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This article is about the U.S. television channel. For the company and other channels of the same name, see ESPN Inc. For the railroad, see East Penn Railroad.
ESPN wordmark.svg
ESPN logo since 1985
Launched September 7, 1979 (1979-09-07)
Owned by ESPN Inc.
(The Walt Disney Company, 80%
Hearst Corporation, 20%)
Picture format 720p (HDTV)
(HD feed downgraded to letterboxed 480i for SDTVs)
Slogan The Worldwide Leader In Sports
Country  United States
Language English
Broadcast area Worldwide
Headquarters Bristol, Connecticut, United States
Sister channel(s) ESPN2
ESPN Films
ESPN Brasil
ESPN Classic
ESPN Deportes
Longhorn Network
SEC Network
Website ESPN
DirecTV 206 (HD/SD)
209-1 (alternate feed; HD/SD)
1206 (VOD)
Dish Network 140 (HD/SD)
145, 147 and 148 (alternate feeds)
Time Warner Cable 300 (HD/SD)
Available on other cable providers Check local listings for channels
AT&T U-Verse 1602 (HD)
602 (SD)
Verizon FiOS 570 (HD)
70 (SD)
Streaming media
WatchESPN Watch live (U.S. cable internet subscribers only)

ESPN (originally an initialism for Entertainment and Sports Programming Network) is a U.S.-based global cable and satellite television channel, that is owned as a joint venture between The Walt Disney Company (which operates the network, through its 80% ownership interest) and Hearst Corporation (which holds a 20% interest). The channel focuses on sports-related programming including live and recorded event telecasts, sports talk shows, and other original programming.

ESPN broadcasts primarily from studios located in Bristol, Connecticut. The network also operates offices in Miami; New York City; Seattle; Charlotte; and Los Angeles. John Skipper is ESPN's current president, a position he has held since January 1, 2012. While ESPN is one of the most successful sports networks, it has been subject to criticism, which includes accusations of biased coverage,[1] conflict of interest, and controversies with individual broadcasters and analysts.

ESPN headquarters in Bristol, Connecticut.

As of August 2013, approximately 97,736,000 American households (85.58% of households with television) receive ESPN.[2]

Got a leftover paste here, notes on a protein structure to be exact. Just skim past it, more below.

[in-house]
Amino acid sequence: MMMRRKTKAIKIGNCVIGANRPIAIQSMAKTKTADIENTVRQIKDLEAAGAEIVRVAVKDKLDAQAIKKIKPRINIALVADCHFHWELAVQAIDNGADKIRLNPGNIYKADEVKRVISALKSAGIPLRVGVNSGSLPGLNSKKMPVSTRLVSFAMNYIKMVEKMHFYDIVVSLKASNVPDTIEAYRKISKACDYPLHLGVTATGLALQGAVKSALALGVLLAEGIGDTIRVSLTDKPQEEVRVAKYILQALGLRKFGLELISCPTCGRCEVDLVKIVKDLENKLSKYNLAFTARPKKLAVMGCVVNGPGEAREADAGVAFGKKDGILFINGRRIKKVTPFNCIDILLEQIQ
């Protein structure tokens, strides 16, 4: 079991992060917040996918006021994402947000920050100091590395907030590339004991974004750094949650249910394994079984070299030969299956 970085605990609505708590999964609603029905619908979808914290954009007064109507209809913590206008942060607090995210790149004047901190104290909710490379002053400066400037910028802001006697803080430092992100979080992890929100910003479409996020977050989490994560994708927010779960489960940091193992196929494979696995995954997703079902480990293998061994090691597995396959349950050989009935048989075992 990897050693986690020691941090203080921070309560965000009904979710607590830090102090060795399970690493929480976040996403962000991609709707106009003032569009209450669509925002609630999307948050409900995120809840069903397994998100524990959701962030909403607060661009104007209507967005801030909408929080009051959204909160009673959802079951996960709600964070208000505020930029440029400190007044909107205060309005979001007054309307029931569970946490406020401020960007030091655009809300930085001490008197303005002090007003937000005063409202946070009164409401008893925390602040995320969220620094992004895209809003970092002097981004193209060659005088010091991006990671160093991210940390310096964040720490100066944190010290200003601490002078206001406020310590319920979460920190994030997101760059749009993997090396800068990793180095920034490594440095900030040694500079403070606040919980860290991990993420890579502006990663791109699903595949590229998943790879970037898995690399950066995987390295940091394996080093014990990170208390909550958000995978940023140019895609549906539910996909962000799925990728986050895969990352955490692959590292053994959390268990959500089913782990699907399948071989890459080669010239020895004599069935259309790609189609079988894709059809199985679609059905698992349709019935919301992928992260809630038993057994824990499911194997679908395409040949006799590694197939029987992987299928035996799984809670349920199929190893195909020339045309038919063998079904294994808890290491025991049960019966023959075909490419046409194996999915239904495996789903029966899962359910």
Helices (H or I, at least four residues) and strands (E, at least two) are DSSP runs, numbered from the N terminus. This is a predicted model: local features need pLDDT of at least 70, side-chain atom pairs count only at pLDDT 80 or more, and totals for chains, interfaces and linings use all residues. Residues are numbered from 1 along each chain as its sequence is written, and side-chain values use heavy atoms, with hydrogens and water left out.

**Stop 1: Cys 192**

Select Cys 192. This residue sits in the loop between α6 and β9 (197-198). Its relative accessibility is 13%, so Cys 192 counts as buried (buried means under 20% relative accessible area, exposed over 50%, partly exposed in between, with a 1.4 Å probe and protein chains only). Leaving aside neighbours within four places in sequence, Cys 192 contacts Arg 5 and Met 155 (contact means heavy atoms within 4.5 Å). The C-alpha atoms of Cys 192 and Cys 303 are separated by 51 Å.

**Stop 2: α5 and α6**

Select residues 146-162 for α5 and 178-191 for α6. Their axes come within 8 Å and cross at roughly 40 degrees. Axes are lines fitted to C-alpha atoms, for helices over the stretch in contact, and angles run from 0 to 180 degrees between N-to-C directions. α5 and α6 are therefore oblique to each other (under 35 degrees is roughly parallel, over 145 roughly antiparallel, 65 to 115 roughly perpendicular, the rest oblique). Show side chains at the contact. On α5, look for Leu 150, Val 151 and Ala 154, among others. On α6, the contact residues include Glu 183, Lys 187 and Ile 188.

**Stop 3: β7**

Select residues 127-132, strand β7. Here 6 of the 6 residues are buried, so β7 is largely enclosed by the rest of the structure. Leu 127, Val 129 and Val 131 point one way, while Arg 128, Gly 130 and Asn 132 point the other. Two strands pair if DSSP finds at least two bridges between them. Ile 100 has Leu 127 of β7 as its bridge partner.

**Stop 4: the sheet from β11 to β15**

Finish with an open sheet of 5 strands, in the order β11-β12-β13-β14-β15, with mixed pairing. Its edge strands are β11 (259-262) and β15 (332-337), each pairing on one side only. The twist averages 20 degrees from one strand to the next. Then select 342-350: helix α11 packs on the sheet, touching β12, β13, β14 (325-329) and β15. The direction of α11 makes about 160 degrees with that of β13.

Main article: History of ESPN

Founded by Bill Rasmussen, his son Scott Rasmussen and Aetna insurance agent Ed Eagan, ESPN launched on September 7, 1979 in Connecticut, under the direction of Chet Simmons, the network's President and CEO (later the United States Football League's first commissioner). The Getty Oil Company provided funding to begin the new venture via executive Stuart Evey.

ESPN's signature telecast, SportsCenter, debuted with the network and aired its 50,000th episode on September 13, 2012. In early 2009, ESPN opened an office and studio facility in Los Angeles located at L.A. Live, from which the late night edition of SportsCenter is now broadcast. SportsCenter's iconic theme[3] (DaDaDa, DaDaDa) was written by John Colby, a Grammy winning composer, producer and music director.[4]

High definition[edit]

ESPN launched its high definition simulcast feed, originally branded as ESPNHD, on March 20, 2001. All studio shows based in Bristol and at L.A. Live, along with most live event telecasts, are broadcast by ESPN in high definition. ESPN is one of the few networks with an all-digital infrastructure. Footage from non-HD sources is presented in 4:3 standard definition with stylized pillarboxing. Pardon the Interruption and Around the Horn began airing in HD on September 27, 2010, with the relocation of the production of both shows to the building housing the ABC News Washington bureau.[5]

ESPN, as with Disney/ABC's other broadcast and cable networks, uses the 720p HD resolution format because ABC executives proposed a progressive scan signal that resolves fluid and high-speed motion in sports better, particularly during slow-motion replays.[6]

In 2011, ESPNHD began to downplay its distinct promotion logo in preparation for a shift of its standard definition feed from a 4:3 full-screen to a letterboxed format, which occurred on June 1 of that year.


Alongside its live sports broadcasts, ESPN also airs a variety of sports highlight, talk, and documentary styled shows. These include:


  • John Skipper: President, ESPN, Inc.[7]
  • Sean Bratches: Executive Vice President, Sales and Marketing[8]
  • Christine Driessen: Executive Vice President and Chief Financial Officer[9]
  • Ed Durso: Executive Vice President, Administration[10]
  • Charles Pagano: Executive Vice President and Chief Technology Officer[11]
  • Norby Williamson: Executive Vice President, Programming[12]
  • Russell Wolff: Executive Vice President and Managing Director, ESPN International[13]
  • John Wildhack: Executive Vice President, Production
  • John Kosner: Executive Vice President, Digital and Print Media
  • John A. Walsh: Executive Vice President and Executive Editor

In popular culture[edit]